She’s rescued the Proton King! – Seek and Destroy


Time Enforcer Anubis here with a fresh review!

Every now and again, you find a game that can be quirky and weird while taking itself seriously at the same time. It isn’t weird for weird’s sake; it’s just a game that happens to be odd. The game I have today is one of these games.

The game is Seek and Destroy.

Seek and Destroy is a vehicle action game for the PS2, released in 2002 and developed by Takara. It tells a story of war on Quewar, “the world of steel,” a planet apparently inhabited by sapient vehicles that have formed their own nations. The Q-stein Empire, having declared war on the Proton Kingdom, invades in a massive blitzkrieg. The war rages on until a weakened Proton Kingdom, holding only a few small towns, begins to push the Q-steins out of their territory.

Don’t be fooled by the box art. While the cover might depict an intense, hardcore tank simulator, taking place perhaps in Desert Storm or some hypothetical near-future war, the game is anything but that. Short, squashed-looking tanks fight it out in surprisingly fast-paced battles.

Don’t be fooled by the visuals, either. The controls are intuitive, the combat is intense, and the game as a whole is pretty well-executed and takes itself fairly seriously for such a cartoony game. Players choose from a wide array of tanks from the WWII era to the modern day, from all countries around the world. Each tank has its own advantages, and those play into the game’s core mechanic: Customization. A plethora of parts and weapons exists, available for purchase with money earned in missions. Weapons range from standard tank rounds, machineguns, and missiles to laser beams, chainsaws, and positron cannons. Customizable parts include turret gears, engines, caterpillar tracks, radars, and targeting computers.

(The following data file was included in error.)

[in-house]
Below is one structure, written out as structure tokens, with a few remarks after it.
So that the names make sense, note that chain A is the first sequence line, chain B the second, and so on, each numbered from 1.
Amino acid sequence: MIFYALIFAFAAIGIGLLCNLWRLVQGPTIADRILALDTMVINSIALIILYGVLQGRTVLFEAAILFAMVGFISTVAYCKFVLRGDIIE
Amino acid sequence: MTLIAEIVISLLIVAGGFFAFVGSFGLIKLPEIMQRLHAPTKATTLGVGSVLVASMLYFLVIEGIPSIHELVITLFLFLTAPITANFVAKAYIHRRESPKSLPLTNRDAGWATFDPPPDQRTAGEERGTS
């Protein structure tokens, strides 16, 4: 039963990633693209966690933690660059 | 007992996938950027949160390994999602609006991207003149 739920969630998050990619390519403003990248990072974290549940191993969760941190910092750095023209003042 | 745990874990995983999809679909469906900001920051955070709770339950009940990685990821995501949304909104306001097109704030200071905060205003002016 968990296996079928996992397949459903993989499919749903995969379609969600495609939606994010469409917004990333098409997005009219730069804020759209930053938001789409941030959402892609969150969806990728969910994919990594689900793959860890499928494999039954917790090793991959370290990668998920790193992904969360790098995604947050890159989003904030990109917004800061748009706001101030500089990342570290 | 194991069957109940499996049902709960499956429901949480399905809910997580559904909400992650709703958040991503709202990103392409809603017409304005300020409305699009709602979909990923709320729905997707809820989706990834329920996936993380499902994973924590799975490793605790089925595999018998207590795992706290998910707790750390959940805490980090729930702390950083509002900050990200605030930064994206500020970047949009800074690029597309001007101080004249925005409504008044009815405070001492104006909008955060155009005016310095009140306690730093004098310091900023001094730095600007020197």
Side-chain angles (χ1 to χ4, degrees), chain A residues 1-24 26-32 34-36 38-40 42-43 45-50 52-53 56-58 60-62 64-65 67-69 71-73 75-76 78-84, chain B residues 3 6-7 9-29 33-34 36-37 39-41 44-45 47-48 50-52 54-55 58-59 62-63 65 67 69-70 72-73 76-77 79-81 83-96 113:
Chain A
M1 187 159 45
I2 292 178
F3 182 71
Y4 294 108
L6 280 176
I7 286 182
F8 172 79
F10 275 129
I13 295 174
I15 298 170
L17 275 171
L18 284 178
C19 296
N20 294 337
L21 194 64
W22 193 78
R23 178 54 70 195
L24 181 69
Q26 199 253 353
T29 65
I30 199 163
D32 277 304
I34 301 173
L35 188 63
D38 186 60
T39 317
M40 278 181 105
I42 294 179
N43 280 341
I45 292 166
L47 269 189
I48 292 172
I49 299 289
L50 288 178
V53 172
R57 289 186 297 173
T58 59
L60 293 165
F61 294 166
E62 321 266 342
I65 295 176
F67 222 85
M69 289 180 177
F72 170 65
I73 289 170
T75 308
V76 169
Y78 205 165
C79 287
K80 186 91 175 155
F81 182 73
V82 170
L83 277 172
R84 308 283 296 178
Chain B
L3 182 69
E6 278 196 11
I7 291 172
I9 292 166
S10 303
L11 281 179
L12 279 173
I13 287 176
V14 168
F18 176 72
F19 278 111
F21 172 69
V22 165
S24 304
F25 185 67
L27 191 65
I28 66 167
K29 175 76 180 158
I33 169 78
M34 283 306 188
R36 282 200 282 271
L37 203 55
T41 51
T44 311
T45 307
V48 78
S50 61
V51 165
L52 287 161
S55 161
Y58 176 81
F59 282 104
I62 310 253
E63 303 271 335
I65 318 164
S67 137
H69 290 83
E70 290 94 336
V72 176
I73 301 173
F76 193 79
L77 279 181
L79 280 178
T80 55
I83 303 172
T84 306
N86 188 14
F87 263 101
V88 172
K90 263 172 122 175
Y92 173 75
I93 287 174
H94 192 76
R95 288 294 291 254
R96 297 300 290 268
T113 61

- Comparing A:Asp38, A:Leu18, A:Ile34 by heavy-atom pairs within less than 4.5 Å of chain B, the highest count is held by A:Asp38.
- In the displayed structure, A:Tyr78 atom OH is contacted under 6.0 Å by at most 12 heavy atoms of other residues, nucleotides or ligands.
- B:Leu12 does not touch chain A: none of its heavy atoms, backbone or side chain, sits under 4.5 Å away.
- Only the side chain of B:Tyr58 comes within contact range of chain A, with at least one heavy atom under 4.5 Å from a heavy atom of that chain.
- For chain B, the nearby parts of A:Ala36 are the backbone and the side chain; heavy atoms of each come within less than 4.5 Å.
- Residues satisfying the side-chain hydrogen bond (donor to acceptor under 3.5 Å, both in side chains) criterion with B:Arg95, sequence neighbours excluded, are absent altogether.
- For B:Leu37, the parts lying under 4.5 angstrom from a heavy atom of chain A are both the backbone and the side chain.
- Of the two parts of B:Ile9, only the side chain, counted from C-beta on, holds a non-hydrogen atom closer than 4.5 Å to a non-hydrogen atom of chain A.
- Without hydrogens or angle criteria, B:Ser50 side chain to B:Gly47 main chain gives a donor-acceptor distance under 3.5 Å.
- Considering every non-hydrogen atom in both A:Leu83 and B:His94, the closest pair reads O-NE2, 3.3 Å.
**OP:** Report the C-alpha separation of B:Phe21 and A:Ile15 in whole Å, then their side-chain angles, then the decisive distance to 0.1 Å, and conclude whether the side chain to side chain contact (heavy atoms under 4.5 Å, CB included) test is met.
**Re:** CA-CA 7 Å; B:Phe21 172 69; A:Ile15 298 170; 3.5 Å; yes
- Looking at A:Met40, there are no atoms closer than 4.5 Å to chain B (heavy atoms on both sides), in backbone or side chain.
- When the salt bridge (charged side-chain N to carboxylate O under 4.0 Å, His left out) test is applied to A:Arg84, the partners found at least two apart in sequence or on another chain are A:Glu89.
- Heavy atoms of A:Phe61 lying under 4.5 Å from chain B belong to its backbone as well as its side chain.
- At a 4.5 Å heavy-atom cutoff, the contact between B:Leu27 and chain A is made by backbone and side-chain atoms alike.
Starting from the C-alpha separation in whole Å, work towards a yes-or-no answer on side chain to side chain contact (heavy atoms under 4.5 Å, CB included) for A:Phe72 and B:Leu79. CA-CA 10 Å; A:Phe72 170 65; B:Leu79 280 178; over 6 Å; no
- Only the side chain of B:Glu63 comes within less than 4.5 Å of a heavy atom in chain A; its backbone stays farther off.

The game’s campaign has a lot of replay value by itself. Missions are started by driving to certain areas on an overworld map. The order in which missions are completed determine which missions open up next. It’ll take more than one or two playthroughs to see all the missions and unlock all the tanks. In addition to the missions, the game has a collection of minigames and arena battles, all of which can be played both within the campaign and in two-player splitscreen.

Though the game does its best to balance itself, some of the more powerful and expensive upgrades make some parts of the game almost trivially easy, especially when replaying the earlier levels after finishing the game. The game is also fairly short, able to be finished in one sitting of a few hours.

Seek and Destroy is an example of a pure fun game in a great package. If you’re looking for a no-nonsense entertaining game with a bit of challenge, Seek and Destroy is your game. If you can find this obscure, 2002 Playstation 2 title, you’ll no doubt find it for cheap, and you’ll get much more than your money’s worth out of it.

‘Till next time!




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